Dressel himself laid a lot of the groundwork to make Arizona a preseason destination for MLS clubs. A few years ago, he began to look around Phoenix for training facilities at the request of SKC president Robb Heineman, who has business partners there.

He made connections around the area and convinced other teams to join Sporting, which has resulted in several teams occupying hotels in the Valley of the Sun and utilizing the 18-field, 70-acre Reach 11 Sports Complex in northeastern Phoenix for training sessions and scrimmages.

Courtesy of Real Salt Lake

Meanwhile, Real Salt Lake are the first club to plunk down roots in Arizona, with their academy based in Casa Grande, 50 miles south of Phoenix. That’s given MLS another semi-permanent base in the desert, thanks to the work of former RSL Academy chief (and current Chivas USA assistant coach) Greg Vanney, an Arizona native.

The full-service facilities and spotless grounds make the Grande Sports World complex an ideal place for multiple teams to ensconce themselves, as a handful have done this winter.

All this makes Arizona a viable long-term and inexpensive preseason for many teams, where they can prepare for the upcoming season and hone their skills against league competition. Florida continues to be a destination, too – ESPN says it wants to expand its annual Walt Disney World Pro Soccer Classic, involving even more MLS (and perhaps foreign) clubs and a giant player combine.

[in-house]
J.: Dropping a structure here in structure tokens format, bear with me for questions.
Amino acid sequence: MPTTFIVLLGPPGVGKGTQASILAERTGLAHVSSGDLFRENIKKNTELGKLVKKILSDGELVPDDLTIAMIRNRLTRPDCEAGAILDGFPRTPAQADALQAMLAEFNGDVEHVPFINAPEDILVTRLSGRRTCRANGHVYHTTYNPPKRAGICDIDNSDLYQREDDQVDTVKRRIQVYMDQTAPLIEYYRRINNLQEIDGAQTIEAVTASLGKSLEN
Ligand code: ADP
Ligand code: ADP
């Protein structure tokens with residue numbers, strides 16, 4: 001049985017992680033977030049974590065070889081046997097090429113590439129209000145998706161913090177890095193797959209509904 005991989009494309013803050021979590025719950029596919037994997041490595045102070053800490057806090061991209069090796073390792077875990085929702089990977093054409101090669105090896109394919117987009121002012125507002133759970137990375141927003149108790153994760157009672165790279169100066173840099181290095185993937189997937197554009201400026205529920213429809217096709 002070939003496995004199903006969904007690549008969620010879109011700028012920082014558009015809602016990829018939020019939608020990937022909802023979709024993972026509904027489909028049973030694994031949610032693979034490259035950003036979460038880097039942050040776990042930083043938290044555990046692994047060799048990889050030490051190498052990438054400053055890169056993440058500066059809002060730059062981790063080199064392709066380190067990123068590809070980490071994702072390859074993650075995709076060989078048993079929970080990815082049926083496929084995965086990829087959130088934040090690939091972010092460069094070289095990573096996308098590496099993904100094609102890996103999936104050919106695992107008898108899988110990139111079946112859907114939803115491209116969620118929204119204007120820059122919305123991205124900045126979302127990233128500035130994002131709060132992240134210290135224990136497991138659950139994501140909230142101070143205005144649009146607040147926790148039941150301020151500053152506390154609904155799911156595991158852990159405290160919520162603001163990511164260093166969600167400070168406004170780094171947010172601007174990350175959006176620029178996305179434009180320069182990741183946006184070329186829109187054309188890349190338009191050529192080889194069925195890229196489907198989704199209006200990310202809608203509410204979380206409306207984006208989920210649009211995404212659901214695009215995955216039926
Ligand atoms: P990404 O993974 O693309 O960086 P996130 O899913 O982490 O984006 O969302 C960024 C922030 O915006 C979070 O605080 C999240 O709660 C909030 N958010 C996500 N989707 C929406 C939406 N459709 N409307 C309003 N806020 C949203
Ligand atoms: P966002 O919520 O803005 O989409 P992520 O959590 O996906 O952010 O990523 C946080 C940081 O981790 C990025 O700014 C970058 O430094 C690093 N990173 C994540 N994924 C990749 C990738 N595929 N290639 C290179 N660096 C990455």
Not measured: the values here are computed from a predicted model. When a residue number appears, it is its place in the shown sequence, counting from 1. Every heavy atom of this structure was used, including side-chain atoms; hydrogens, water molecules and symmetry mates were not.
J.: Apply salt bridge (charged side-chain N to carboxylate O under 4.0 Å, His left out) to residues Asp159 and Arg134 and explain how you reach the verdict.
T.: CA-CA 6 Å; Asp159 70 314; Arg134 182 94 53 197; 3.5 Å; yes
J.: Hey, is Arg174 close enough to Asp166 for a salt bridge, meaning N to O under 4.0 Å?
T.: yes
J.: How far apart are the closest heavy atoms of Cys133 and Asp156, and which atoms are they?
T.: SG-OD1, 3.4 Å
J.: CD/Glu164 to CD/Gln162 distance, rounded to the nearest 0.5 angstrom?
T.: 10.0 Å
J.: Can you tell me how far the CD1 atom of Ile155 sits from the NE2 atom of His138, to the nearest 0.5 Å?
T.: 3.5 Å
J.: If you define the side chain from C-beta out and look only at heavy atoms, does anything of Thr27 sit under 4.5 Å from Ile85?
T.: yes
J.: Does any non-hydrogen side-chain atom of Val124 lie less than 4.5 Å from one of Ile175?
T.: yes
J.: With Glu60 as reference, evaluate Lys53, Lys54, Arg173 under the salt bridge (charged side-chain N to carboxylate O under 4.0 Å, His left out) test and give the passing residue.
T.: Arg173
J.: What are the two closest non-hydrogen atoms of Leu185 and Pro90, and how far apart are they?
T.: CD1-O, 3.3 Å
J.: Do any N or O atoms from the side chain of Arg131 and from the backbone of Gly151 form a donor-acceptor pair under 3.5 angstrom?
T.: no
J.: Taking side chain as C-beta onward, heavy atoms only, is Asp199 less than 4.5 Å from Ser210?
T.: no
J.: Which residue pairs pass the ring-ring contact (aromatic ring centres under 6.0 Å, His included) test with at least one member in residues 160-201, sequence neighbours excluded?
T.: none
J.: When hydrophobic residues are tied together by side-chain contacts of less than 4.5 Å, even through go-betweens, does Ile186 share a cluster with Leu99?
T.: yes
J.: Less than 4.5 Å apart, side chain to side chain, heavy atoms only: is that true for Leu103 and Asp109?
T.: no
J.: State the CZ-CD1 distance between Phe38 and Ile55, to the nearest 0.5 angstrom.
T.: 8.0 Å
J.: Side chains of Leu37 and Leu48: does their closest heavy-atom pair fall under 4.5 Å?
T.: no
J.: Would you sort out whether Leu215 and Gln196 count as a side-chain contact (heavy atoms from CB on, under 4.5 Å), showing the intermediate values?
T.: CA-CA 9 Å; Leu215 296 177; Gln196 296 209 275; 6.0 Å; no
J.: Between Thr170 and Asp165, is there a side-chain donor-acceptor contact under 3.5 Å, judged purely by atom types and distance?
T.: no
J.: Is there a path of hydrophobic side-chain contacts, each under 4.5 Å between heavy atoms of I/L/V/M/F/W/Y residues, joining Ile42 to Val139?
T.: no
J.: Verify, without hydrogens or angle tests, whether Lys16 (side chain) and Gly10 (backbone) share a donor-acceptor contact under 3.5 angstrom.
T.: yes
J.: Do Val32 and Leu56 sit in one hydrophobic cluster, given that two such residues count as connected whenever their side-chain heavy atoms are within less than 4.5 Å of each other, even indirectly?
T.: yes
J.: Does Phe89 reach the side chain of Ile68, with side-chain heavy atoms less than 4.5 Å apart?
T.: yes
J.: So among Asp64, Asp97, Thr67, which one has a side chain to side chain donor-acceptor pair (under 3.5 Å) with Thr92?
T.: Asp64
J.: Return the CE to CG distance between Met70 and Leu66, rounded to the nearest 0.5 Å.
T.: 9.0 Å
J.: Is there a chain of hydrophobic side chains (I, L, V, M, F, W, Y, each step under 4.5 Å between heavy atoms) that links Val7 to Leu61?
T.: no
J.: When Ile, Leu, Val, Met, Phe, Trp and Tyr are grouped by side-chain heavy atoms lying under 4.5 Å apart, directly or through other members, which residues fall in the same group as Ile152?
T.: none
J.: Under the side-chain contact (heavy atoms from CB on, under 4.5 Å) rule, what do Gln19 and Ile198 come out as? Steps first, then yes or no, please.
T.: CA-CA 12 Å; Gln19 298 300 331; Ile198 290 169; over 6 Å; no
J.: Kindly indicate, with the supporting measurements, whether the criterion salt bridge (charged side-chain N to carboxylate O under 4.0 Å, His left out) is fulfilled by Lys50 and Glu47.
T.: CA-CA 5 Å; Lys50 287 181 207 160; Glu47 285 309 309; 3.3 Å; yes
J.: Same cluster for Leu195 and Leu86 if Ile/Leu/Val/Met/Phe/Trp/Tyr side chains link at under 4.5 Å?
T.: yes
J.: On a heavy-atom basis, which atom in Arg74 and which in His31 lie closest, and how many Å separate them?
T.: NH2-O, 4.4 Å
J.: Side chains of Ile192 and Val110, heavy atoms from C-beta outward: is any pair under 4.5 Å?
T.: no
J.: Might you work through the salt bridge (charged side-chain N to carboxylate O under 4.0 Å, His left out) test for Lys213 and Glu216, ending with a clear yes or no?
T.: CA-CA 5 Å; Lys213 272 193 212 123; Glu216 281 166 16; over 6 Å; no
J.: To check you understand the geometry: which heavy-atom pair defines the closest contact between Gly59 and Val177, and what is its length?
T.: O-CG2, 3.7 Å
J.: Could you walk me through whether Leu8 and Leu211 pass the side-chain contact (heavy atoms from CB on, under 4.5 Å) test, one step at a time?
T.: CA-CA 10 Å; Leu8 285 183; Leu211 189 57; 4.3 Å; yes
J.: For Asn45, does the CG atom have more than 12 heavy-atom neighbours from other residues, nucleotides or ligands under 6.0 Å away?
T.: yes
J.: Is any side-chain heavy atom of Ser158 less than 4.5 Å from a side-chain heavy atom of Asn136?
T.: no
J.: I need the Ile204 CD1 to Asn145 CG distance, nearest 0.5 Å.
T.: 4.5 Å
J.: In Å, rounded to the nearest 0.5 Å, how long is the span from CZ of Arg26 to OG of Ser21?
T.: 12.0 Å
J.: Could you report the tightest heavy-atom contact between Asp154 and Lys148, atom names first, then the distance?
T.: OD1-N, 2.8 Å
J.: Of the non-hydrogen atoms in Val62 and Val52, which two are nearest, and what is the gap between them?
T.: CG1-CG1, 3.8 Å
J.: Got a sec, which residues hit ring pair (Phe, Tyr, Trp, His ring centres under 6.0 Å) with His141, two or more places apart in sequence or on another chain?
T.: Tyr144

All of a sudden, we’ve got soccer versions of the Cactus and Grapefruit Leagues that are only growing in popularity. And that’s music to the league’s ears. Rodriguez says the league is tickled pink that teams are taking it upon themselves to organize together during preseason, something MLS has long sought on its own and may look to perpetuate.

“We are looking at the possibility of returning some form of centralized spring training, which had been previously mandated several years ago,” he said. “We would not make it exclusive to any one market, but we’d look to have two or three markets that could house teams.”

Rodriguez was quick to point out the league is in the early stages, but it’s entirely possible MLS could require all teams to check in at one or two pre-established facilities in Florida or Arizona for a minimum set period during preseason.

There’s still a great desire on the league’s part to let teams plan their own preseasons to join tournaments abroad or visit their own partner clubs, of course – San Jose lodging with Tottenham Hotspur, New York visiting their Austrian parent club, FC Dallas dropping in on Brazilian partner Atlético Paranaense, for instance – but there is huge value in institutionalizing a form of Spring Training for MLS.

“Like a lot of things it does, the league doesn’t need to reinvent the wheel,” Real Salt Lake GM Garth Lagerwey told last week. “Baseball has done this a long time. It’s a different set of smart people who are coming to the same conclusion.”

Jonah Freedman is the managing editor of “The Throw-In” appears every Thursday.